When the studio was still reluctant to change Monroe’s contract, she founded her own film production company in 1954. She dedicated 1955 to building the company and began studying method acting under Lee Strasberg at the Actors Studio. Later that year, Fox awarded her a new contract, which gave her more control and a larger salary. Her subsequent roles included a critically acclaimed performance in Bus Stop (1956) and her first independent production in The Prince and the Showgirl (1957). She won a Golden Globe for Best Actress for her role in Some Like It Hot (1959), a critical and commercial success. Her last completed film was the drama The Misfits (1961).

Monroe’s troubled private life received much attention. She struggled with addiction and mood disorders. Her marriages to retired baseball star Joe DiMaggio and to playwright Arthur Miller were highly publicized, but ended in divorce. On August 4, 1962, she died at age 36 from an overdose of barbiturates at her Los Angeles home. Her death was ruled a probable suicide.


Jane Seymour Fonda was born via caesarean section on December 21, 1937, at Doctors Hospital in New York City.[7][8] Her parents were Canadian-born socialite Frances Ford Seymour and American actor Henry Fonda. According to her father, the surname Fonda came from an Italian ancestor who immigrated to the Netherlands in the 1500s.[9] There, he intermarried; the resultant family began to use Dutch given names, with Jane’s first Fonda ancestor reaching New York in 1650.[10][11][12] Fonda also has English, French, and Scottish ancestry. She was named for the third wife of Henry VIII, Jane Seymour, to whom she is distantly related on her mother’s side,[13] and because of whom, until she was in fourth grade, Fonda said she was called “Lady” (as in Lady Jane).[14] Her brother, Peter Fonda, was also an actor, and her maternal half-sister is Frances de Villers Brokaw (also known as “Pan”), whose daughter is Pilar Corrias, the owner of the Pilar Corrias Gallery in London.[15]In 1950, when Fonda was 12, her mother committed suicide while undergoing treatment at Craig House psychiatric hospital in Beacon, New York.[16][17] Later that year, Henry Fonda married socialite Susan Blanchard, 23 years his junior; this marriage ended in divorce. Aged 15, Jane taught dance at Fire Island.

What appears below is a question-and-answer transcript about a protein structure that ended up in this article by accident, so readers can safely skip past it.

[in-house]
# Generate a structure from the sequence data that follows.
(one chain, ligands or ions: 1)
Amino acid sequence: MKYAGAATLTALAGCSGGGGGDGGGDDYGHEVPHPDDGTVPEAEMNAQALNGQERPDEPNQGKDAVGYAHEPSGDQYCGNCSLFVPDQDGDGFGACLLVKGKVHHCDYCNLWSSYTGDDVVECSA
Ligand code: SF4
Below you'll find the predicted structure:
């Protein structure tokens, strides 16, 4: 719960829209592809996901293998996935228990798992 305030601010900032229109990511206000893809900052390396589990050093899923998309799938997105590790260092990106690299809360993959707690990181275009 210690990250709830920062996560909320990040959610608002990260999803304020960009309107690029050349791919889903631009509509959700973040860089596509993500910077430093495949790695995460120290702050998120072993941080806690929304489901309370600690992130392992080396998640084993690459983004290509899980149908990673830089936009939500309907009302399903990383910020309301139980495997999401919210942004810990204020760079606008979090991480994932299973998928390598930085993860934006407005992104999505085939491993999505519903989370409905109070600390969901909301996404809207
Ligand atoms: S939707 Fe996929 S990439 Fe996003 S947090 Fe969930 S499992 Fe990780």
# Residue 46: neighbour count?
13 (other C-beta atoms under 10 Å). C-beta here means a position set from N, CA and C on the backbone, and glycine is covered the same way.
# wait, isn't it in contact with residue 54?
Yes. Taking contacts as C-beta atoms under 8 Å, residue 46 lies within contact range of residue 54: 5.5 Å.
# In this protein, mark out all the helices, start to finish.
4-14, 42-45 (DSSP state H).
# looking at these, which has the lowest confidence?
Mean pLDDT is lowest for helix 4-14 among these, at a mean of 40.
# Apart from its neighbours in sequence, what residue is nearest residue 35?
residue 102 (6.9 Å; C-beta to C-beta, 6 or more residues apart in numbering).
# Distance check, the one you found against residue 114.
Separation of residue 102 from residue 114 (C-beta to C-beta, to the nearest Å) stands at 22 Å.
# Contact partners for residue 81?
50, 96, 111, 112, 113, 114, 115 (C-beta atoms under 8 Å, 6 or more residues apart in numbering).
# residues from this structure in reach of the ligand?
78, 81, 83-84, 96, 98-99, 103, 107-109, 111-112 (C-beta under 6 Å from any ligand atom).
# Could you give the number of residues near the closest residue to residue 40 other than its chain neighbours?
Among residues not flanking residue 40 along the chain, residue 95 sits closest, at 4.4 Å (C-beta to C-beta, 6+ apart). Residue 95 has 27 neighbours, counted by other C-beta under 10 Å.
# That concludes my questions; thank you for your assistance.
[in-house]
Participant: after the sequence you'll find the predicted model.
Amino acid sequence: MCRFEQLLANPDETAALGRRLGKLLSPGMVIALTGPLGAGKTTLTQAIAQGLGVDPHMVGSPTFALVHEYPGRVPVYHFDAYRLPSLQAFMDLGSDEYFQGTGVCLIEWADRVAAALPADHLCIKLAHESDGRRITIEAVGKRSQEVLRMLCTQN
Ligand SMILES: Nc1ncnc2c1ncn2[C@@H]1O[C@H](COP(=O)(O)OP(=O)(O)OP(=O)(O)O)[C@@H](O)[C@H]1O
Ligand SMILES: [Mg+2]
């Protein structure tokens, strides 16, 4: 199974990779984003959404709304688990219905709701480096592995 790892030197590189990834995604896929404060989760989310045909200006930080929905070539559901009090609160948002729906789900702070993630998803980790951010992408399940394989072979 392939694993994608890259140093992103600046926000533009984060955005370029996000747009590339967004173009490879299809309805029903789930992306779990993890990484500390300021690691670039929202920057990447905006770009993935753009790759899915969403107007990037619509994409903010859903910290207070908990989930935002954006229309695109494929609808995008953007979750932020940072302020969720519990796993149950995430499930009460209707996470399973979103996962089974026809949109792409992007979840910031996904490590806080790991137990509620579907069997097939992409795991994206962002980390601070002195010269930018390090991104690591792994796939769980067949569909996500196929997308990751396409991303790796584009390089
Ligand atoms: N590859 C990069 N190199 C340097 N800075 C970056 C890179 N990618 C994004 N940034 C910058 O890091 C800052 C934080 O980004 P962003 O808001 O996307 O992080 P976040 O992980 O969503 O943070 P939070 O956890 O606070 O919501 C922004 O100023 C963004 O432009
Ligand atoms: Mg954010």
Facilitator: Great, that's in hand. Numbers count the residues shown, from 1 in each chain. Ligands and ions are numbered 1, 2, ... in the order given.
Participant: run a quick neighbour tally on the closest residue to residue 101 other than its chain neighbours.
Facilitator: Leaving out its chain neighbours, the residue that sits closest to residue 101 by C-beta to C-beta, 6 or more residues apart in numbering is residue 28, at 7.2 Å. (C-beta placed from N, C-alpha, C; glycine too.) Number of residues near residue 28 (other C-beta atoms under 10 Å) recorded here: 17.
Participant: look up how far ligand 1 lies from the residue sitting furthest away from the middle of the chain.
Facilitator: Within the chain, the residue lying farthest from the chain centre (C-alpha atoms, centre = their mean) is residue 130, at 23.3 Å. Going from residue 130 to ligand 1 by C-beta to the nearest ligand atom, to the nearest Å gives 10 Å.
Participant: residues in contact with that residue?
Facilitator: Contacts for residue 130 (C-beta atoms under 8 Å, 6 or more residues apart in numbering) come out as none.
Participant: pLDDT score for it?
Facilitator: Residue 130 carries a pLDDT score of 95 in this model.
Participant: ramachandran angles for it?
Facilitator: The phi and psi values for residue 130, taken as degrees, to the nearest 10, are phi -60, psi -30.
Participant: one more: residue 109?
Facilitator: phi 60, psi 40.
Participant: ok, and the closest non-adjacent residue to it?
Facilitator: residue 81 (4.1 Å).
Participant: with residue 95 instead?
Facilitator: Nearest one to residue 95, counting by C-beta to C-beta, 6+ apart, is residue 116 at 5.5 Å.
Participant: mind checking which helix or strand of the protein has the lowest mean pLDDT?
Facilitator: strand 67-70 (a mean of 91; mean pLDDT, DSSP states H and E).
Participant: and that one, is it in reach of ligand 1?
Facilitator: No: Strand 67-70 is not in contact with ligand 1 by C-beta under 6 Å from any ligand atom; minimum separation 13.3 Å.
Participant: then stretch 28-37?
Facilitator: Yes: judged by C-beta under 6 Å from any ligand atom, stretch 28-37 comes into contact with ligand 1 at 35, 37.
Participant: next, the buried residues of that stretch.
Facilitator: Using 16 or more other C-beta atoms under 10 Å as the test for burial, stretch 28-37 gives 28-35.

Elizabeth Taylor made her film debut in One Born Every Minute (1942) and achieved stardom with National Velvet (1944). Although she won Academy Awards for her work in Butterfield 8 (1960) and Who’s Afraid of Virginia Woolf? (1965), Taylor was just as famous for her many marriages, extensive jewelry collection and stunning violet eyes.

Early Life

Elizabeth Rosemond Taylor was born on February 27, 1932, in London, England. One of film’s most celebrated stars, Taylor fashioned a career that’s covered more than six decades, accepting roles that have not only showcased her beauty, but her ability to take on emotionally charged characters.

Taylor’s American parents, both art dealers, were residing in London when she was born. Soon after the outbreak of World War II, the Taylors returned to the United States and settled into their new life in Los Angeles.

Performing was in Taylor’s blood. Her mother had worked as an actress until she married. At the age of 3, the young Taylor started dancing and eventually gave a recital for Princesses Elizabeth and Margaret. Not long after relocating to California, a family friend suggested the Taylors’ daughter take a screen test.

Child Star

She soon signed a contract with Universal Studios, and made her screen debut at the age of 10 in There’s One Born Every Minute (1942). She followed that up with a bigger role in Lassie Come Home (1943) and later The White Cliffs of Dover (1944).


Temple was born to a banker and a housewife with two older children, on April 23, 1928, in Santa Monica, California. When Temple was just 3 years old, she landed a contract with Educational Pictures, making her acting debut in a string of low-budget movies dubbed “Baby Burlesques.” Temple’s mother capitalized on the toddler’s natural flair for dancing by enrolling her in dance classes at the age of 3 1/2. Her father became her agent and financial adviser.

The exposure that “Baby Burlesques” afforded Temple led her to a contract with the Fox Film Corporation. When the budding actress was 6 years old, she appeared in her first Hollywood feature film, Carolina. (When off-set, she attended the Westlake School for Girls.) With Fox, Temple made an additional eight films, including the smash hit Little Miss Marker. The young actress, singer and dancer with the bouncing golden corkscrew curls and infectious optimism proved to be an overnight sensation and a top earner for the studio.